Reviews: Jessy Lanza's Oh No / White Lung's Paradise

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Jessy Lanza’s Oh No

by Justin Pansacola

Jessy Lanza has no shortage of peers in the ever-expanding hazy area between experimental R&B, pop, and electronic music, so the distinguishing factors take on greater size. In Lanza’s case, it’s how little there is. Her music has depth and the ideas come off strong, but Oh No frequently adheres to a “less is more” philosophy. A snare loop here, some funky keys there, and Lanza’s voice tying it all down is, sometimes, all a song incorporates. It’s the opposite of the wall of sound technique—more like a thin silk curtain of sound. Nothing gets drowned out and there is no sound you will miss. It’s all compact and fits in the same spotlight.

To describe music as sparse usually implies that it’s dark, quiet or melancholy. While Oh No may have sparse songs, there are rarely moments of silence or extended low energy moments. The best songs are, in fact, peppy and paced to relentless dance rhythms. “Never Enough” starts out with the most basic Casio keyboard beat and drops in a breathless hook with so much funk on so little work. “It Means I Love You” has Lanza’s quirkiest singing, but it’s all one drawn out path that leads to you losing your mind by song’s end. Lanza and her collaborator, Jeremy Greenspan, have enough foresight to not stamp every song with that playfulness so that diminishing returns are never a problem.

They have production chops to trot out, too. “Going Somewhere” stands out: a choppy, pulsating beat is the song’s constant through line, but it is adorned by accents like skittering drum fills and flattened clap samples. They’re mixed in half a dozen different layers, creating a depth of sound you can really feel as the song morphs, and it starts to feel like something new is popping off all the time. If there is such a thing as a full-ear work out, it’s a song like this with headphones.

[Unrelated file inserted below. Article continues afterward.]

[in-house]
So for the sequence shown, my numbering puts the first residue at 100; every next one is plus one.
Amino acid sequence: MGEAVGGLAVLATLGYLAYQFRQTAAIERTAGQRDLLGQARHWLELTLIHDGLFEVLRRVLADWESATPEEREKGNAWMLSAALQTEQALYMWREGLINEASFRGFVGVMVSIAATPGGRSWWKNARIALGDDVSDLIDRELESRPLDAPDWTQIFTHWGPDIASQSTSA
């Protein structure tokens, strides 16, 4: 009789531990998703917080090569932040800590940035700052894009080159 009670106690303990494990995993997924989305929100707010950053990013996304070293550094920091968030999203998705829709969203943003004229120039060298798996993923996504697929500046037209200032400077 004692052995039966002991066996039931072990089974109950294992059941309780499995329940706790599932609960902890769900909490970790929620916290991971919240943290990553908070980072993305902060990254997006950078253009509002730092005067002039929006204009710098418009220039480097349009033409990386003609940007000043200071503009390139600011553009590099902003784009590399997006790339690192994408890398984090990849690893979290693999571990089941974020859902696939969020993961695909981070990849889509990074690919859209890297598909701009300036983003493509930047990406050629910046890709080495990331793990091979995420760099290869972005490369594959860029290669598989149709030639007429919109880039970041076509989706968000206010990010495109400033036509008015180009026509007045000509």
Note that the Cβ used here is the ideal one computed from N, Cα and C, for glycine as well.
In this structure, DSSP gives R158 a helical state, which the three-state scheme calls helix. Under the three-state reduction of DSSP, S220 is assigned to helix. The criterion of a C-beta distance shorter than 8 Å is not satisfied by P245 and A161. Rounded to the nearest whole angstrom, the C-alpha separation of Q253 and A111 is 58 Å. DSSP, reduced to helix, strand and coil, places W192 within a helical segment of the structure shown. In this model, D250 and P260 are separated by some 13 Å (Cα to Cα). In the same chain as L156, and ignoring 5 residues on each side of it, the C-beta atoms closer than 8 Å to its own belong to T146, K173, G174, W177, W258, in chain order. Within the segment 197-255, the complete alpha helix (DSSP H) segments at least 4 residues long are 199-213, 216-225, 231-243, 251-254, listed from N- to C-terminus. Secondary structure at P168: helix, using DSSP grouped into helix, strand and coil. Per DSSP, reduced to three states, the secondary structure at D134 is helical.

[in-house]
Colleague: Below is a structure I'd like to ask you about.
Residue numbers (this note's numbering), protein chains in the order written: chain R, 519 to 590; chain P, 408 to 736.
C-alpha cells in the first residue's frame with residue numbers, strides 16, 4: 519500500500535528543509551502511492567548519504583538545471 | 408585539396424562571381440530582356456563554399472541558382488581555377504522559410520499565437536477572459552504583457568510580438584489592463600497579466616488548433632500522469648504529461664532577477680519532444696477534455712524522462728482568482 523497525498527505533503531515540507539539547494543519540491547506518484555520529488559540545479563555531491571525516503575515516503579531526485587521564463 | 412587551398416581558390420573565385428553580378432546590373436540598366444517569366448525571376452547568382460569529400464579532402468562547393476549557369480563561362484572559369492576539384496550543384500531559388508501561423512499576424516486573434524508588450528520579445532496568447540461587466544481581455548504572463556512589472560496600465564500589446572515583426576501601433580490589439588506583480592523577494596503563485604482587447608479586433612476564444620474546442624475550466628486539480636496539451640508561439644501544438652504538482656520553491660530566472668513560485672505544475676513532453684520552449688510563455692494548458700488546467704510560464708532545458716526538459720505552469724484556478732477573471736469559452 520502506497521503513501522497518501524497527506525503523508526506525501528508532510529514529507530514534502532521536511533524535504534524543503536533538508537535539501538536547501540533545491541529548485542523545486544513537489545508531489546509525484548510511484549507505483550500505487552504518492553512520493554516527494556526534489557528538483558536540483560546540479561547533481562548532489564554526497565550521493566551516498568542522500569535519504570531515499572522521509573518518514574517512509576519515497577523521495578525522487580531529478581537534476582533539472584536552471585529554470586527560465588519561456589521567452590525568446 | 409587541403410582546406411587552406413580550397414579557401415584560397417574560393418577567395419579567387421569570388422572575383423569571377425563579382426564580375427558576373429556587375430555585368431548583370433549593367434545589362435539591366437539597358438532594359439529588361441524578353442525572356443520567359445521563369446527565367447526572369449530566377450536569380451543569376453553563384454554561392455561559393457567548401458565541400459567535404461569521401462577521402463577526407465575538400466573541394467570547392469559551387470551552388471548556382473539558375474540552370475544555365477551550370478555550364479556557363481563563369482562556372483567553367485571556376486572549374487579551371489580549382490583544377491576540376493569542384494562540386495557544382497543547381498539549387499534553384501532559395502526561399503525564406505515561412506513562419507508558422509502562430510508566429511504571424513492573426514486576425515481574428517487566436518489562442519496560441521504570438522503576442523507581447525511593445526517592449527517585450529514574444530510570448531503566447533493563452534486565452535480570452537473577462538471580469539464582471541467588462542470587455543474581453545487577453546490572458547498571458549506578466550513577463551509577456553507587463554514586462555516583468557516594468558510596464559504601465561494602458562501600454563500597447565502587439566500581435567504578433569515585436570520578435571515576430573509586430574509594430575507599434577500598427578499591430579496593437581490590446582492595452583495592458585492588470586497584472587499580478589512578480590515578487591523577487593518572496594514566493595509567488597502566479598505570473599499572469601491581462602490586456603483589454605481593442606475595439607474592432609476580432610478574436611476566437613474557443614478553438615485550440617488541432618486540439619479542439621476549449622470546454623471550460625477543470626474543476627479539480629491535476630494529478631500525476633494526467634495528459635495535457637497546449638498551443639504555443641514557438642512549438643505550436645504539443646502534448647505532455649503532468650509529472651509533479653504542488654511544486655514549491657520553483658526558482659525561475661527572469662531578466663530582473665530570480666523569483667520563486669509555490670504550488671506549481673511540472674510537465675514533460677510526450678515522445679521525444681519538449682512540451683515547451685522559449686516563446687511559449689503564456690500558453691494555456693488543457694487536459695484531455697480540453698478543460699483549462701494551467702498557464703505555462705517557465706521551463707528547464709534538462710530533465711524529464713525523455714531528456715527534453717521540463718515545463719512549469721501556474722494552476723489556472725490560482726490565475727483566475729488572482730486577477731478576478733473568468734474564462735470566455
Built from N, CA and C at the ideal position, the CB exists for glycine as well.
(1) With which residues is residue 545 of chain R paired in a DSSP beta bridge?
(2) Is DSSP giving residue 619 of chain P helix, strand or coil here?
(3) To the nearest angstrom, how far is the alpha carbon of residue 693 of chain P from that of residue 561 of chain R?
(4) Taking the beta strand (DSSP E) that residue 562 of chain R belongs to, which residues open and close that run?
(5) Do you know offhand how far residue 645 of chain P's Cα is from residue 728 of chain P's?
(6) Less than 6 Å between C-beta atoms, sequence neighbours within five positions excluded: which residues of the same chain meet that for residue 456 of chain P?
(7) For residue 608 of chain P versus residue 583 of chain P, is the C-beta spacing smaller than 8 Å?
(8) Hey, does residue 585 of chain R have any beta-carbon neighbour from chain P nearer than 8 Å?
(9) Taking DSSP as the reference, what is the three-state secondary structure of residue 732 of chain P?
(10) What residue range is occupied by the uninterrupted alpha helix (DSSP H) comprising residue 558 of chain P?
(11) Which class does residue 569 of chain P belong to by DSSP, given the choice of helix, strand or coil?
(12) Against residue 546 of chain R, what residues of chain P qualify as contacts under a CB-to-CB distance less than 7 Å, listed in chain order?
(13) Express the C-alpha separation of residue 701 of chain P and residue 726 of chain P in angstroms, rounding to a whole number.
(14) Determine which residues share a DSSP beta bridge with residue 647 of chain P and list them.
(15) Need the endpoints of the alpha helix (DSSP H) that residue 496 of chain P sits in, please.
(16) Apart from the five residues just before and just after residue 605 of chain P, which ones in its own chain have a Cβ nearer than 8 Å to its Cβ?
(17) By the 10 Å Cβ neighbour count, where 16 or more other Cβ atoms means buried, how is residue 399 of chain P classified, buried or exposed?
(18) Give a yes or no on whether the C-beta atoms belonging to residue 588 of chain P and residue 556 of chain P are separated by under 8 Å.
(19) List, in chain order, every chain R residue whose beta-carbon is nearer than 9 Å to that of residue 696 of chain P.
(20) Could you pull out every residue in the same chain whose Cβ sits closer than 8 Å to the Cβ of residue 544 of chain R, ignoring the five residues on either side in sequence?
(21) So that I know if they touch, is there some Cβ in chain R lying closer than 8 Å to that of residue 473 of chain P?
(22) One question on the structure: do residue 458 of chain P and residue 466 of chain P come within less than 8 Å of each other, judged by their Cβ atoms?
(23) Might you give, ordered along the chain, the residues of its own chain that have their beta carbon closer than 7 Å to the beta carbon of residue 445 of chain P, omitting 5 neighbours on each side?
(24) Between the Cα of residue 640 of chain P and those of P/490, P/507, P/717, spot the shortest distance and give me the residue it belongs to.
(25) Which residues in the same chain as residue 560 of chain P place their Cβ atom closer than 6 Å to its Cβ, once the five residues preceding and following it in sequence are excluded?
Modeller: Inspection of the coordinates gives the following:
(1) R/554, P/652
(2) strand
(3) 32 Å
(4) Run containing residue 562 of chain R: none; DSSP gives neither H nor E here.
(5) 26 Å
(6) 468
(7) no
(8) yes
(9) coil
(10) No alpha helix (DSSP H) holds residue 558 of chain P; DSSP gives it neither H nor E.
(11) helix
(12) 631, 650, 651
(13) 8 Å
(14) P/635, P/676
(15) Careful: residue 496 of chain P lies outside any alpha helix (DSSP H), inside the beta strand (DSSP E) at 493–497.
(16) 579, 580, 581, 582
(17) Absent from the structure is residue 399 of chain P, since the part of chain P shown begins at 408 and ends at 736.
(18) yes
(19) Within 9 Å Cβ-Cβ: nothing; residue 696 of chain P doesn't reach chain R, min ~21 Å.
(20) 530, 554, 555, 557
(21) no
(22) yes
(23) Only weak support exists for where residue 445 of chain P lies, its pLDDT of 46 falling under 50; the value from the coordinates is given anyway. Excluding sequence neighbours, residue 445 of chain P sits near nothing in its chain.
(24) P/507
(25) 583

Songs on Oh No never outright fail, but they don’t all inspire the same level of intrigue and enthusiasm. There are moments when Lanza sings entirely in falsetto over an ambient afterglow where you will get FKA Twigs deja vu. There are moments when it’s hard to tell if a song is patiently building itself or if it’s just coasting to make the four minute mark. So perhaps it takes a little work and a little shrugging off. It’s still not much to ask for what you get in return. B

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White Lung’s Paradise

by Marshall Gu

Emerging from the acclaim of 2014’s Deep Fantasy and annoyed at the constant comparisons to other, older bands, White Lung enlist producer Lars Stalfors for a more modern sound on their newest album Paradise, and up the ambition by releasing their longest record yet—10 songs at 28 minutes. While this sort of economic chords and vocal/guitar/bass/drum hardcore punk rock record is easy to come by, what’s rarer is when its aggression—not necessarily just in the vocals and lyrics—comes from someplace genuine; the lyrics of “Hungry” are generic enough that it can apply to any sort of hunger, but Mish Barber-Way has dealt with body image issues in the past, which contextualizes the song into something more poignant. That, and there’s something hooking you in just about every song here: the guitars throughout often shimmer like synths or cut like razors, sometimes simultaneously. Then there’s stuff like the flaying bass throughout “Narcoleptic” (something the album could’ve used more of); the title’s command throughout “Kiss Me When I Bleed” (whose sheer coolness in the song’s last line reminds me of Kim Gordon; a compliment, even if the band doesn’t want to be compared to anyone else anymore); the choruses of “Hungry”; just about every line in “Below,” where they slow down a little without lightening up on the power; the guitars underneath the choruses and relentless drumming of the title track. Not every song’s a winner: “Sister” slows down into a vaguely psychedelic section that drags on for a bit too long, not to mention that the lyrics in the song are grotesque (which might’ve been the point, given the subject matter of singing through the eyes of Karla Homolka). Elsewhere, Mish Way can’t help herself from being a little negative on the album’s most romantic song, ending the title track’s “run away with me” theme with a self-deprecating “This is all I want / So desolate.” B PLUS